In addition to the rule changes regarding targeting, Steve Shaw, the SEC coordinator of officials, spoke about other rule changes. Two of the changes were to blind-side blocking and overtime rules.
Related to the rules on targeting is the rule on blind-side blocking.
Rules surrounding a blind-side block: pic.twitter.com/ZKiQ3MXmW5— SEC Officiating (@SECOfficiating) July 16, 2019
The emphasis on blind-side blocking is in response to players making big hits as blocks. Shaw referenced what he said the players call lighting someone up.
A blind-side block comes from outside the player’s field of vision and involves an excessive hit on the player.
Shaw showed examples of good blocks from outside a players field of vision. The consistency was that blockers did not make a point of hitting the player but making an effective block.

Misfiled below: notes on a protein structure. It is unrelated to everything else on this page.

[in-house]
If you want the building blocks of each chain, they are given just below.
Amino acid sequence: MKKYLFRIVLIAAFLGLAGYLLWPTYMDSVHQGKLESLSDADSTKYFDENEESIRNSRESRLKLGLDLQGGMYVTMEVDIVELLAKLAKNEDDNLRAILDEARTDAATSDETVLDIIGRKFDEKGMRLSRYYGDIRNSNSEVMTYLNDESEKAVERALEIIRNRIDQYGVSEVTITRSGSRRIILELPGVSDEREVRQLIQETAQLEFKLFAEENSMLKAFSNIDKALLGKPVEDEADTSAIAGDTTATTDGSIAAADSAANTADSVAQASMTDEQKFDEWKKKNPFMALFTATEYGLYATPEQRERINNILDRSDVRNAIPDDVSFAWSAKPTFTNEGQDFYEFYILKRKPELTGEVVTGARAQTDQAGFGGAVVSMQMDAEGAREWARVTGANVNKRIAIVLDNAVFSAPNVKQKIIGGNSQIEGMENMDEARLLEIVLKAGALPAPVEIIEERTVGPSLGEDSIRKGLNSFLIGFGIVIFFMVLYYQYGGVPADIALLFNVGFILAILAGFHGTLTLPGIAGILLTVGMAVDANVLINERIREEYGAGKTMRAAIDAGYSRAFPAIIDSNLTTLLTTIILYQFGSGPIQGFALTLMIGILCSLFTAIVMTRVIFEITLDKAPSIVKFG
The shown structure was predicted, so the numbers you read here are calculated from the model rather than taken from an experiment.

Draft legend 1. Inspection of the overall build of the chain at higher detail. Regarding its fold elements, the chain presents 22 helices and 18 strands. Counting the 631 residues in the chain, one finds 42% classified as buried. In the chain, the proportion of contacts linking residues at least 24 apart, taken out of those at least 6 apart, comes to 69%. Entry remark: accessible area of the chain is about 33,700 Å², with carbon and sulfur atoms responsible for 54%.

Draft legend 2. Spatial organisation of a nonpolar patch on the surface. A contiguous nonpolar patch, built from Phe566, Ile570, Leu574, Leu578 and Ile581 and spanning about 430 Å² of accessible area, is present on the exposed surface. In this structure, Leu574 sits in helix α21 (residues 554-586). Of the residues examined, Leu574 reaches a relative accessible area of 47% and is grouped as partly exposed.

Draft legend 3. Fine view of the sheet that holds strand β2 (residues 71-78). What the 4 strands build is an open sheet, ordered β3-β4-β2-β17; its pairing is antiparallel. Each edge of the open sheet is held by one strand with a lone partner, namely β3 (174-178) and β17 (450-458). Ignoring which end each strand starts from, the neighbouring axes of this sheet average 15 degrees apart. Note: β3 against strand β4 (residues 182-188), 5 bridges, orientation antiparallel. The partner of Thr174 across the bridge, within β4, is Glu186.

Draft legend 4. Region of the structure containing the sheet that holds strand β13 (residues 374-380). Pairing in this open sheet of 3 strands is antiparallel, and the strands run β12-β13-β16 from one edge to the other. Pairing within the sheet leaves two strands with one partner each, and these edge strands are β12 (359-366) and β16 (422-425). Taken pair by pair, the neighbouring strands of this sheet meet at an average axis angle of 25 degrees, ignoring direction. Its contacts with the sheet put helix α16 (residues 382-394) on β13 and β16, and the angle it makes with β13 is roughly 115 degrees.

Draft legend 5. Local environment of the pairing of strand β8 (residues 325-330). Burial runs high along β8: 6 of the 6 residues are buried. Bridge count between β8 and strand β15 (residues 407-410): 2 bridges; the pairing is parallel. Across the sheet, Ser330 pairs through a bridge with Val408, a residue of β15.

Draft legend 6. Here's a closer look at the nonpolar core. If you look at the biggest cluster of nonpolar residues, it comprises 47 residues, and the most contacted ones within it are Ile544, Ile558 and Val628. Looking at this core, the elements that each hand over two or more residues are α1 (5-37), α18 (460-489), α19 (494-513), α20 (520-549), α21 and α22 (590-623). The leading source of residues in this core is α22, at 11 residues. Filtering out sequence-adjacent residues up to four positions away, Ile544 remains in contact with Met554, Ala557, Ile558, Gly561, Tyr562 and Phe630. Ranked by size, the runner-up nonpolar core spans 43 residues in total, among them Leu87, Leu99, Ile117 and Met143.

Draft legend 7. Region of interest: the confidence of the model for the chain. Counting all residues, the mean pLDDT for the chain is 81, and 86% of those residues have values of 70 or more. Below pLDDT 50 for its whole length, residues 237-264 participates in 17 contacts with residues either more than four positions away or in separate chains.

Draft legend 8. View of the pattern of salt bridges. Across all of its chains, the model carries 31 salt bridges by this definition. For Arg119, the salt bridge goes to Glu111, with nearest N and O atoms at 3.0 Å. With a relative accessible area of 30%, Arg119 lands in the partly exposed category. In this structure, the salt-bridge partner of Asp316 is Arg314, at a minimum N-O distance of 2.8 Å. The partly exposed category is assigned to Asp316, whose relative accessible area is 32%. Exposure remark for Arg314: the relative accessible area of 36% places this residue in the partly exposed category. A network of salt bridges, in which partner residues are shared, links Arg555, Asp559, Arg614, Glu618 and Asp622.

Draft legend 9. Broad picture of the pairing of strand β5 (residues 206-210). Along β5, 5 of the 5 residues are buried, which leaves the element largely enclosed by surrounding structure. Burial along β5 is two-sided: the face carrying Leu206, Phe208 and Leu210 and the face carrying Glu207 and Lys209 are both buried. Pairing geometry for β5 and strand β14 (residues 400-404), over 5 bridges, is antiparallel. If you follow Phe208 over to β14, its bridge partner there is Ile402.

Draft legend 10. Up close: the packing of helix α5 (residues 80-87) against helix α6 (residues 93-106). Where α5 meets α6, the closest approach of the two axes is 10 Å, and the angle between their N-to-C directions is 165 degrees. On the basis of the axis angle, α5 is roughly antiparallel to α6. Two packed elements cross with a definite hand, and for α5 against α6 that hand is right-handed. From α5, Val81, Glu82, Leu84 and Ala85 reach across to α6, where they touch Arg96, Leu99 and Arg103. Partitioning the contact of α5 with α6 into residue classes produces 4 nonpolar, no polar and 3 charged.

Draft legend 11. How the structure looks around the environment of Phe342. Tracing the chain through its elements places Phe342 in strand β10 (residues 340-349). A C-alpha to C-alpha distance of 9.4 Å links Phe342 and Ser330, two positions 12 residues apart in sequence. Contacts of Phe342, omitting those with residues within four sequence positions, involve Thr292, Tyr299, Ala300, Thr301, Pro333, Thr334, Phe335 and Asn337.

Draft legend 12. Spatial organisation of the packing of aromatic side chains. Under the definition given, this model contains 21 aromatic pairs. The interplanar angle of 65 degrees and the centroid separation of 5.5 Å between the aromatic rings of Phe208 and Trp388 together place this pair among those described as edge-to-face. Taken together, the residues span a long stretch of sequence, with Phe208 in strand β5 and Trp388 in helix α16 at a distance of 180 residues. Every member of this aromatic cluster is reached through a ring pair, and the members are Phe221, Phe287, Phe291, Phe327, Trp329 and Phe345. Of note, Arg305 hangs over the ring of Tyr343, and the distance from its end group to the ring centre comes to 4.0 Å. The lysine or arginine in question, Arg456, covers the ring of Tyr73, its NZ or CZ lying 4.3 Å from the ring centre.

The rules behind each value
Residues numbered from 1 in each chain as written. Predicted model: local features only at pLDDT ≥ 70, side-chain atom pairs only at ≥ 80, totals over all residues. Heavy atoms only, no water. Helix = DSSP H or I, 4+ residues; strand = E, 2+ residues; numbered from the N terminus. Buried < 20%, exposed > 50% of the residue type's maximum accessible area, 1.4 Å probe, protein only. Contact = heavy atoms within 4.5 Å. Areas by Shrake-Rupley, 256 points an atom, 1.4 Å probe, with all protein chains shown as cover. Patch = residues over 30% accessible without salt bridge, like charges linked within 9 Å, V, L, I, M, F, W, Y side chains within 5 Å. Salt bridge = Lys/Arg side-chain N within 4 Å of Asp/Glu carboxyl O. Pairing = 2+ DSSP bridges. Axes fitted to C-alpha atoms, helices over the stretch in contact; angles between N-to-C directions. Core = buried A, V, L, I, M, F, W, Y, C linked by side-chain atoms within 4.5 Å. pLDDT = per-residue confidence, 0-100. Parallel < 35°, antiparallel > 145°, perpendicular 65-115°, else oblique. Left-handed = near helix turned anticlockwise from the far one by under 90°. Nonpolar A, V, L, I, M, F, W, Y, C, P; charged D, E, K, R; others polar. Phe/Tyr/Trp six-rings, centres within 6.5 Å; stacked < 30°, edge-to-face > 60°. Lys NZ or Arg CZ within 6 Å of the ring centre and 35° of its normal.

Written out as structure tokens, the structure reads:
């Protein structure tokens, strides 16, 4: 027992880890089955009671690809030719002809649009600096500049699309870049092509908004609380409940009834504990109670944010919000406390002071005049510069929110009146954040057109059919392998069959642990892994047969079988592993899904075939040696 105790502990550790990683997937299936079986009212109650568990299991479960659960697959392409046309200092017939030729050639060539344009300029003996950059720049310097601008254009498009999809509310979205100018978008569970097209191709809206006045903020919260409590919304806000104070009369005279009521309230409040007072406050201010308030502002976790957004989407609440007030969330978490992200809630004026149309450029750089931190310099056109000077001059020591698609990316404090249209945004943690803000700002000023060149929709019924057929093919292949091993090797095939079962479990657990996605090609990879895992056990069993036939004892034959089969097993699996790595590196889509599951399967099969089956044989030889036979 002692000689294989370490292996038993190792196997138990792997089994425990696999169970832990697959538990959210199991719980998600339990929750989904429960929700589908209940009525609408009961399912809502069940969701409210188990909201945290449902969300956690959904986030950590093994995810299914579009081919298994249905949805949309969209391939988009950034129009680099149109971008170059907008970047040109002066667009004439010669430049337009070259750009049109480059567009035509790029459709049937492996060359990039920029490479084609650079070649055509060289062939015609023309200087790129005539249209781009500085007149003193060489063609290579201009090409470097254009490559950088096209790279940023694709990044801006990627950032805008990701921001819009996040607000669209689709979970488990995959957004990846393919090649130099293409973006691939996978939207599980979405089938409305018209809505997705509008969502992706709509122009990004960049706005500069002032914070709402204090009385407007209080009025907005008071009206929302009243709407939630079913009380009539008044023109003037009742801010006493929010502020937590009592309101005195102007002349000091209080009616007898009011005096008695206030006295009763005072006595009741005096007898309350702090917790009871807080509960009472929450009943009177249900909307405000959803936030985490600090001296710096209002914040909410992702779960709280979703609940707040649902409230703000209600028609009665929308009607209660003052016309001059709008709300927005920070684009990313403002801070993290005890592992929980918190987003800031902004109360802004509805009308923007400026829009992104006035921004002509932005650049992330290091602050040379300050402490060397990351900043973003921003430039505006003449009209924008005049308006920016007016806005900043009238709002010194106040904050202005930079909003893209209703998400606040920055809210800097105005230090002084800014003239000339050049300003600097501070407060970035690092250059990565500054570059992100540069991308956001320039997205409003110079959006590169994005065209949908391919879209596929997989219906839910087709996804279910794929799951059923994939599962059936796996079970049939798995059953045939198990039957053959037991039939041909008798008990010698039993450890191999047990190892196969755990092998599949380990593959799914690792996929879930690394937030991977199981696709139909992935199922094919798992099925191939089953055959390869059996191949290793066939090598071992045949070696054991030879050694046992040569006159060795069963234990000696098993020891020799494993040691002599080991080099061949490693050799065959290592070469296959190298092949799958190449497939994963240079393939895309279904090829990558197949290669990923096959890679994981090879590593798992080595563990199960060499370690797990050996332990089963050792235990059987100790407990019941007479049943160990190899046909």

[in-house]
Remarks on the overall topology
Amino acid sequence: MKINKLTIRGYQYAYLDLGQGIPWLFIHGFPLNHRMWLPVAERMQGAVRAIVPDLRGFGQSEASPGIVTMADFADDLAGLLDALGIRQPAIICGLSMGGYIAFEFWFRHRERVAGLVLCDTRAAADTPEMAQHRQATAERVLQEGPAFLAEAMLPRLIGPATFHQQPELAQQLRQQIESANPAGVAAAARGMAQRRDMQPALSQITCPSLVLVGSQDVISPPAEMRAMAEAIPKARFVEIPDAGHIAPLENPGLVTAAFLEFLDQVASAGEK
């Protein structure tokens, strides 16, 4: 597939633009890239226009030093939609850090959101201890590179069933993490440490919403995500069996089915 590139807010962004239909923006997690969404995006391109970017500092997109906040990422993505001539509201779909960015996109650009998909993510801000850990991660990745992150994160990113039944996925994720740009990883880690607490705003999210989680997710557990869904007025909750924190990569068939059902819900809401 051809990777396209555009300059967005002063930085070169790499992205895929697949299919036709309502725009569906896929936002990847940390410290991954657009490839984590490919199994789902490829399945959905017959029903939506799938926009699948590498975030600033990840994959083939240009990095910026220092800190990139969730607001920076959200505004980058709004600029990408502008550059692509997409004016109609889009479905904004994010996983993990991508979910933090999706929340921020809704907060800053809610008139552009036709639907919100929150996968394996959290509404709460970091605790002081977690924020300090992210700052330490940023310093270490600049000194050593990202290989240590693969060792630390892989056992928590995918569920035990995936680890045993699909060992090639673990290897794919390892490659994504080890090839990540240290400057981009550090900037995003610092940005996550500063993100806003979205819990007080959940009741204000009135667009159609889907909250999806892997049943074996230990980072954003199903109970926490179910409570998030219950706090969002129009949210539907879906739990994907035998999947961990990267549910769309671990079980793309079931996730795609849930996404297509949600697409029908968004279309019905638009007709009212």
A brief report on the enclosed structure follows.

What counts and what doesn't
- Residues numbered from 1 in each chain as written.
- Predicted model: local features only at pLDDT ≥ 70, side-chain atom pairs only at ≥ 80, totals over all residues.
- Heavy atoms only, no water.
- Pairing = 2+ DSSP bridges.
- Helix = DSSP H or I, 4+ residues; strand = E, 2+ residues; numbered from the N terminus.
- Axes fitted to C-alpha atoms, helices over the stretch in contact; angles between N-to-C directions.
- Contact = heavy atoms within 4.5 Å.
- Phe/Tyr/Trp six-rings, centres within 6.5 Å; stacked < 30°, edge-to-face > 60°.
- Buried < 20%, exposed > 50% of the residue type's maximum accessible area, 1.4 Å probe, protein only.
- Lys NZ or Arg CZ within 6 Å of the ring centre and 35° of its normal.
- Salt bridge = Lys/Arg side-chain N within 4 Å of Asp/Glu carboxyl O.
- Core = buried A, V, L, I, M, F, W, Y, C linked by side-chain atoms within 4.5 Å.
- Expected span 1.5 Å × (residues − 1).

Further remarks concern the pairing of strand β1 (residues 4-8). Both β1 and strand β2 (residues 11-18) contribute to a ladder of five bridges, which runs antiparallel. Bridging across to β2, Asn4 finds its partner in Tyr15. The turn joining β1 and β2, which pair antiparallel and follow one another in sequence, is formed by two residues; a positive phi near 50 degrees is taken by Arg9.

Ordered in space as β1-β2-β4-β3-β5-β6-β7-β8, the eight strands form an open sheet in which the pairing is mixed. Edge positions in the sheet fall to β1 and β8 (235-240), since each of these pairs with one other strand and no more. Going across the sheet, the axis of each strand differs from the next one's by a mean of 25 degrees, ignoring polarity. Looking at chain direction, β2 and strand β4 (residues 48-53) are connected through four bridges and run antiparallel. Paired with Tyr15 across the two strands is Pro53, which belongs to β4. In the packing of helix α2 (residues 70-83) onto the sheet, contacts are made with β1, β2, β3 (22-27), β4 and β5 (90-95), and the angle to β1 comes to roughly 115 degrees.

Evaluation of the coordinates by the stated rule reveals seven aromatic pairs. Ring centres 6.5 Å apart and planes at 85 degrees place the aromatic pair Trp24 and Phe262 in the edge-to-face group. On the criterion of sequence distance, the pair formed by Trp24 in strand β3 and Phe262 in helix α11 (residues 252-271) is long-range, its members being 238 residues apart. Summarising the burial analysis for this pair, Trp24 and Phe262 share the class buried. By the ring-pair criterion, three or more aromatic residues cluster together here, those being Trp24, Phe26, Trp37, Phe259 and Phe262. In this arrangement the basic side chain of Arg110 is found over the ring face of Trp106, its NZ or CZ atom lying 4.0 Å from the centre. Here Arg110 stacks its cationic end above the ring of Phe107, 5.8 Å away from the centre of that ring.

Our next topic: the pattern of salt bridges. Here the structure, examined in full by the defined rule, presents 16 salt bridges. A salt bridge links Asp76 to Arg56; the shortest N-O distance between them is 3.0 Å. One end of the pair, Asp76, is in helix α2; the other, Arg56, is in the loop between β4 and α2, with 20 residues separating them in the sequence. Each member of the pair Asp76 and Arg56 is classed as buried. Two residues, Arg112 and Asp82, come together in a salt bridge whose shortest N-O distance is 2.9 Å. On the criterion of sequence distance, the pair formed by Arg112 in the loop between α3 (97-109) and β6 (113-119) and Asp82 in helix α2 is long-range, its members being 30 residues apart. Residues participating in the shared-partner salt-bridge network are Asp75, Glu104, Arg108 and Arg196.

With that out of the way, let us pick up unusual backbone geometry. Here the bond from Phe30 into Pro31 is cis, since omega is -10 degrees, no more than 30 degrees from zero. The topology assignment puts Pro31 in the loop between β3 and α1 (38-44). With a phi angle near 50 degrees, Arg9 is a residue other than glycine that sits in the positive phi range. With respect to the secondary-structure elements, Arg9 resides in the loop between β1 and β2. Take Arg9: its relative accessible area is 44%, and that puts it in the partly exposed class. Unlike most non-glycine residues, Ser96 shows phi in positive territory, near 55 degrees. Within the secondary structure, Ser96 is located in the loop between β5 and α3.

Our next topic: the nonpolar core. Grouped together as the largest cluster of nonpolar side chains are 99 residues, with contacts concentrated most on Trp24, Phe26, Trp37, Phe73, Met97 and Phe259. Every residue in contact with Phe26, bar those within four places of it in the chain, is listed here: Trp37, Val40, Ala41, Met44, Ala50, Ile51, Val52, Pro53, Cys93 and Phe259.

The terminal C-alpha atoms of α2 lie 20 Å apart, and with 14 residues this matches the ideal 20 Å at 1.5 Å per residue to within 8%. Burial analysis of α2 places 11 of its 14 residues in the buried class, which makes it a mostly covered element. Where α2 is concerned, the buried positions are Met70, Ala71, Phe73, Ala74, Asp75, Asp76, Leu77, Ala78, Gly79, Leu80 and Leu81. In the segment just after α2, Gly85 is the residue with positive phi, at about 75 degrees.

The other rule change, overtime scoring, was meant to protect players’ fitness as games wear on into overtime periods.
Rule changes to the subject of overtime scoring: pic.twitter.com/j4AReHSEjD— SEC Officiating (@SECOfficiating) July 16, 2019
The new rules will instate a mandatory breaks after the second and fourth overtime periods.
Then, in the fifth overtime period, teams will go directly to the two point try. Shaw said, since the two point plays are essentially 50/50 plays, moving directly to them in the fifth overtime will end the game more quickly.
The NCAA is widely praised for having the best overtime rules, in terms of fairness, excitement and implementation. Considering how few games go to fifth overtime or longer, the new rule will likely have little effect. But, in those cases, it will serve to prevent injuries.